My professor, who would eventually turn into one of my biggest mentors, asked me to stay after class one day and proceed to ask me if I had ever thought about adding philosophy to my life plan. I kind of laughed it off, told her I was going to be a doctor and dropped the conversation. The weeks went by, my grades were great, I loved my classes, I loved my major and I was getting ready to plan out my next semester. As I was looking at my available courses I constantly found myself falling back into the philosophy department and I thought the first one was easy and a nice break from the facts and memorization of science so I added Bioethics to my array of science classes and labs.
Bioethics class was everything I ever could have imagined a class being for me. It brought together the medical world but in a way I did not know imaginable. We talked about AIDS and HIV, abortion, defining death, physician aid in dying, consent, confidentiality and everything in between and we took an in-depth look at the different ways people use ethics to make decisions. It wasn’t even a week into this class when I became a Biology/Philosophy double major on a PreMed track.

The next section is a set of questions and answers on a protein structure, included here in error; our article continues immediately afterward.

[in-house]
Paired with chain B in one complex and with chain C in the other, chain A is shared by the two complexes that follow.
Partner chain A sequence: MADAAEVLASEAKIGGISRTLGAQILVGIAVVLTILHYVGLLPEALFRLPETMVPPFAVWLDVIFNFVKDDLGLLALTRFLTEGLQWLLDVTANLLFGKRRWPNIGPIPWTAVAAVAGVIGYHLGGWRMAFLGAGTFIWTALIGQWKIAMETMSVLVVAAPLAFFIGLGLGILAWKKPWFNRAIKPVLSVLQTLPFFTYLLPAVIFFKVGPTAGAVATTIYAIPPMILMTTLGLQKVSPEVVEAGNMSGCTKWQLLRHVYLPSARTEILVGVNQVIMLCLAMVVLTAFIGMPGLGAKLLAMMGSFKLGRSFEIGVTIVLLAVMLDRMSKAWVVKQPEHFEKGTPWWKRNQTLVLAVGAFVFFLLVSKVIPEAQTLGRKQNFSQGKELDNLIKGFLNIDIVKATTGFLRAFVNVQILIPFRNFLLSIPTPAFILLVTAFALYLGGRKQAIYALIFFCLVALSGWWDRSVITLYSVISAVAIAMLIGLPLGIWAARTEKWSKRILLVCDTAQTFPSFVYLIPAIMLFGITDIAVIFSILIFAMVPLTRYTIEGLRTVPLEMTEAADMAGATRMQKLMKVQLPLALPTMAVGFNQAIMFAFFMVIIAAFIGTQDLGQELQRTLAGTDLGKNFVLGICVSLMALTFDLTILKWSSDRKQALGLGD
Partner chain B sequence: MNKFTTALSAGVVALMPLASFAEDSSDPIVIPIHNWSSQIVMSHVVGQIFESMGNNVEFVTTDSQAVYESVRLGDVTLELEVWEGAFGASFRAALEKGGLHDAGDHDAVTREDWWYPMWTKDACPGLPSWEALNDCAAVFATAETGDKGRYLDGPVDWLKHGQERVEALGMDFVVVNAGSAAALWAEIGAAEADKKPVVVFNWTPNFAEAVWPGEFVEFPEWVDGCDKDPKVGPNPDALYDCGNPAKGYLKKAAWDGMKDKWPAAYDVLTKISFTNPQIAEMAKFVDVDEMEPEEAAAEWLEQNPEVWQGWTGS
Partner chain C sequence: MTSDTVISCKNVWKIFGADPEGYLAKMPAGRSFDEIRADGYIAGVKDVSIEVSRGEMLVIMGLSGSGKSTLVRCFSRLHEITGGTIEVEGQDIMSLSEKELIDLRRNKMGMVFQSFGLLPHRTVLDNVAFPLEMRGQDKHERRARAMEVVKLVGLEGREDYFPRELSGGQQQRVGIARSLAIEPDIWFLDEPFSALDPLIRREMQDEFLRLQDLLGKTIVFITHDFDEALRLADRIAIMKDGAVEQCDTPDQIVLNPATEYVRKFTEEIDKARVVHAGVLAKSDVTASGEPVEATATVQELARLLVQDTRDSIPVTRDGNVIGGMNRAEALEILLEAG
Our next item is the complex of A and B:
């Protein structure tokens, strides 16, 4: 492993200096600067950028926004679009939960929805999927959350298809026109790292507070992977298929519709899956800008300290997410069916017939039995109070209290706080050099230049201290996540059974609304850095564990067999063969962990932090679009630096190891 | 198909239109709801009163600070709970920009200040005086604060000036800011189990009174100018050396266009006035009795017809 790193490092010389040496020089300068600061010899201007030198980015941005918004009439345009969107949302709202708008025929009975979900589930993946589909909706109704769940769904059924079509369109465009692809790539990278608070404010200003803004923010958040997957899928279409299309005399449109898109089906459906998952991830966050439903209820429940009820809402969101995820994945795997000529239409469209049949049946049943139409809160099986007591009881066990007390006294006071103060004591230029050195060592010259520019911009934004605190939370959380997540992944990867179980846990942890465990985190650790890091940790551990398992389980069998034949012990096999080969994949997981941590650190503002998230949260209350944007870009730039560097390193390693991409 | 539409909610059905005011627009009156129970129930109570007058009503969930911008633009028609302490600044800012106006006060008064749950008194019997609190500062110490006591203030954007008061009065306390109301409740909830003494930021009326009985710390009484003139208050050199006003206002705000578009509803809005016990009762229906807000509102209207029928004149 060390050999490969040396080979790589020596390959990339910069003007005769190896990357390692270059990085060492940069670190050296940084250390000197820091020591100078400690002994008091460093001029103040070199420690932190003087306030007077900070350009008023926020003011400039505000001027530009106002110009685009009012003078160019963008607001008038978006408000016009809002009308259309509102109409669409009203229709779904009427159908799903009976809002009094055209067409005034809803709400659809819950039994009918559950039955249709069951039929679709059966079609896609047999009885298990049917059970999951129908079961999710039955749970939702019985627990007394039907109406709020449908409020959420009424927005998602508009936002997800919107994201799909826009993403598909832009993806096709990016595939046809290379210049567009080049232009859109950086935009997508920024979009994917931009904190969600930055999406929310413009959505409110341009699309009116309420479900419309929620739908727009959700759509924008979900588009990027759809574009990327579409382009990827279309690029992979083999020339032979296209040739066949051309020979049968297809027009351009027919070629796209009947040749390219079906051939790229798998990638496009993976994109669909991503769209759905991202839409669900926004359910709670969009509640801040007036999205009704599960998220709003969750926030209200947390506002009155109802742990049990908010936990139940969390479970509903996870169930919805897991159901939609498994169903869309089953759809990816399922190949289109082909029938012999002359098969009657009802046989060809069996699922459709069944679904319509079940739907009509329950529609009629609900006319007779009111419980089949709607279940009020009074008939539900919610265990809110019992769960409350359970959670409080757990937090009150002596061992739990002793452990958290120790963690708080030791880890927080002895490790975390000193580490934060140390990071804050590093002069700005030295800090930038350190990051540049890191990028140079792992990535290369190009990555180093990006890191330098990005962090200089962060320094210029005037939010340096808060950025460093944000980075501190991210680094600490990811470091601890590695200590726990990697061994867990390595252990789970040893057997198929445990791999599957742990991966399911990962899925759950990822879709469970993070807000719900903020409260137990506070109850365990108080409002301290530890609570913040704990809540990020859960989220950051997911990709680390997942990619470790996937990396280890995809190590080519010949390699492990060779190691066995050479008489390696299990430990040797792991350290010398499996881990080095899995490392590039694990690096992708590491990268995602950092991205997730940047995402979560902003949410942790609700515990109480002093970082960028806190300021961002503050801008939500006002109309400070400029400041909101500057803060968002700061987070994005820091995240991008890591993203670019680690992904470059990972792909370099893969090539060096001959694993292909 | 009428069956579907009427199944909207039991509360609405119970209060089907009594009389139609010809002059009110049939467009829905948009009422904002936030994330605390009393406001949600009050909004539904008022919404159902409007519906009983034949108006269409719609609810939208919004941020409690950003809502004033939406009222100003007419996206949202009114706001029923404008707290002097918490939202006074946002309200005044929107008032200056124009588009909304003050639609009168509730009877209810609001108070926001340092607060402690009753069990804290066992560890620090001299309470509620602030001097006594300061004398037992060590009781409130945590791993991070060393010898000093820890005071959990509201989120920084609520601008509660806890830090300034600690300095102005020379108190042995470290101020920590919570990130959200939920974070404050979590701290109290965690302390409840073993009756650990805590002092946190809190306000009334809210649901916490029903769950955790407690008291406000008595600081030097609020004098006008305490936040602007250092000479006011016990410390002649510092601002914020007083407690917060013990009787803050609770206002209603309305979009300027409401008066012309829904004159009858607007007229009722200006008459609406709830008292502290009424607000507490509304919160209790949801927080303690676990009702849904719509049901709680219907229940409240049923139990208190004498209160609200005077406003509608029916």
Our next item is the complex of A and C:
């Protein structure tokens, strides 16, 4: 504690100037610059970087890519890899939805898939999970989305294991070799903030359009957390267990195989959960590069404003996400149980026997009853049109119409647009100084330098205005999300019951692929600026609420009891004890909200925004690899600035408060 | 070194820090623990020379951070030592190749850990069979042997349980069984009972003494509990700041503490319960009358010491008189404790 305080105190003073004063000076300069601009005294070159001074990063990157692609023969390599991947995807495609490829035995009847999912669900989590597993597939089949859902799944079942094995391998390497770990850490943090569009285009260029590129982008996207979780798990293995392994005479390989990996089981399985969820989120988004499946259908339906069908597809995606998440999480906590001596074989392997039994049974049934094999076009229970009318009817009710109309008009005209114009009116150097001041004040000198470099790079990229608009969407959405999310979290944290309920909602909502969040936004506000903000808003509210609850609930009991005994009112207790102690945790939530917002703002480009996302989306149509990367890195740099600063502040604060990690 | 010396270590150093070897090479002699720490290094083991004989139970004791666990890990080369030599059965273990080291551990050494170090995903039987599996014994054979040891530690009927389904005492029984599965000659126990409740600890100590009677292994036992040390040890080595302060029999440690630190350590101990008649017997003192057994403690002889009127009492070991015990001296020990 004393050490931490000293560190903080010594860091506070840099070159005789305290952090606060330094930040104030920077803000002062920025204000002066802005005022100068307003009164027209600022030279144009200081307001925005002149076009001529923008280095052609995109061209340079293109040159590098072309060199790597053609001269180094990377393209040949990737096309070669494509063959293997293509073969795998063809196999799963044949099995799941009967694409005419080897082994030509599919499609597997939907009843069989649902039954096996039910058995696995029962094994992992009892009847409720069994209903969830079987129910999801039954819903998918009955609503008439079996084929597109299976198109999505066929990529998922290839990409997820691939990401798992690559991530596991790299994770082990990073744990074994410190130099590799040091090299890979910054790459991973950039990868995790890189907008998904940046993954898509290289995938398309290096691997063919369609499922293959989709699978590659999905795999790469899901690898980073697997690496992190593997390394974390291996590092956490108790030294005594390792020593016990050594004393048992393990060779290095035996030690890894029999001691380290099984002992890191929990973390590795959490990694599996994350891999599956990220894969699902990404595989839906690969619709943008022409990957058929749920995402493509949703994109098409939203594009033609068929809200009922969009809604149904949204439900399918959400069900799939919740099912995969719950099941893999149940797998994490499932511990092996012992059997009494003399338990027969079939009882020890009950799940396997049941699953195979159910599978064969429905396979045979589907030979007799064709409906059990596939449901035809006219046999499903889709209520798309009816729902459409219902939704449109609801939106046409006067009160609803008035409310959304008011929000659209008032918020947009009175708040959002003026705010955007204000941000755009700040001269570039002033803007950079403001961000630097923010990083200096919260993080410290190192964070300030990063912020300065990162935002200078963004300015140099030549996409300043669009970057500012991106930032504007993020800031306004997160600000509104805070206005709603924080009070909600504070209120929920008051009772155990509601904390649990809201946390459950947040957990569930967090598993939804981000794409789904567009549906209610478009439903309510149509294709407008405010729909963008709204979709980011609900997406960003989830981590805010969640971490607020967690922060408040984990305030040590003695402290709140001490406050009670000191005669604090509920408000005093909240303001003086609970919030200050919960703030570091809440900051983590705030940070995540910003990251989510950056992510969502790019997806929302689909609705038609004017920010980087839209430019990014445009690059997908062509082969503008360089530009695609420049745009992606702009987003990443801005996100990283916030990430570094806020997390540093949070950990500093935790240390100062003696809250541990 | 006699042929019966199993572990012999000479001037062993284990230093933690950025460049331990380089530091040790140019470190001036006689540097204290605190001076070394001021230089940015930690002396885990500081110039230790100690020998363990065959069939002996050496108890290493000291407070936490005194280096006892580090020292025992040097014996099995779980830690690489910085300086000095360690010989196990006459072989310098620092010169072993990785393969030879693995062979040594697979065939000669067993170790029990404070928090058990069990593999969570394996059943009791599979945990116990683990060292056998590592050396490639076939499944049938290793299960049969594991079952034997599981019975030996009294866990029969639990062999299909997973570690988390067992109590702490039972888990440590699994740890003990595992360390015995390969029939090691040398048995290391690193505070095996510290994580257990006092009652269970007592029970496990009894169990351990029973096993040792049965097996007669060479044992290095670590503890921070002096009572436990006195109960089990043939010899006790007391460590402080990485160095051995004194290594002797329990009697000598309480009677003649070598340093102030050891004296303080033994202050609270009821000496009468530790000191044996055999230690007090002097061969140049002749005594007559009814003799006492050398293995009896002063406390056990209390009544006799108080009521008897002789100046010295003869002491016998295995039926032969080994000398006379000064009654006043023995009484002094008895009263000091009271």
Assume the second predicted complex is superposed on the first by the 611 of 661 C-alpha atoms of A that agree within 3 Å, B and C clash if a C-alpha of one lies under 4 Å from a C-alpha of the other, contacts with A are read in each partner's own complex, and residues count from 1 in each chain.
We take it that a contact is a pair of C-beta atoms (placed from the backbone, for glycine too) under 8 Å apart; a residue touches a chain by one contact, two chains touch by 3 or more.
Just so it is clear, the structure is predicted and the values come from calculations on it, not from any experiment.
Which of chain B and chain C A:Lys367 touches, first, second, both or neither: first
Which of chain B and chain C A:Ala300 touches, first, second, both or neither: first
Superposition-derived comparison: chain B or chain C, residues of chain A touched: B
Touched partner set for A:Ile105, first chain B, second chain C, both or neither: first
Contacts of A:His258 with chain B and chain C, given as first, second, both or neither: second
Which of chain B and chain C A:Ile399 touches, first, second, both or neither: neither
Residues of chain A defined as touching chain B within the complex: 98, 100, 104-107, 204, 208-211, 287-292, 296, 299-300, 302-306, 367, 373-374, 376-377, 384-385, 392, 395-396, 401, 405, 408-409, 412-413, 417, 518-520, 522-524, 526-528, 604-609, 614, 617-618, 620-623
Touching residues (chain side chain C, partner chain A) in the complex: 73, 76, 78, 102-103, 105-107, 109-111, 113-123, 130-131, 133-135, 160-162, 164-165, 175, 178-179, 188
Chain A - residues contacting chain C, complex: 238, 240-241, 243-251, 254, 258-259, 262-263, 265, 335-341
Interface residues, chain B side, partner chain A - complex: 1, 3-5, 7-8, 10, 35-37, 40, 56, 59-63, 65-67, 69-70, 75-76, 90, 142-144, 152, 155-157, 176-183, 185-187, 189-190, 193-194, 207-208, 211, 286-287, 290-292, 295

This was the first time I was ever required to enter a formal debate on a topic pertaining to Bioethics. This was a game changer because it was the first time I had ever really read and studied law. I read case after case and remember my partner looking at me saying, “you know, you can skim that, we don’t need all of it” but I was so passionate about it. Passionate about how it was written, about the language used, about who gets to make the calls, and how they were enforced. I loved it, and loved bioethics and knew that it would be something I would continue to study but top of medicine.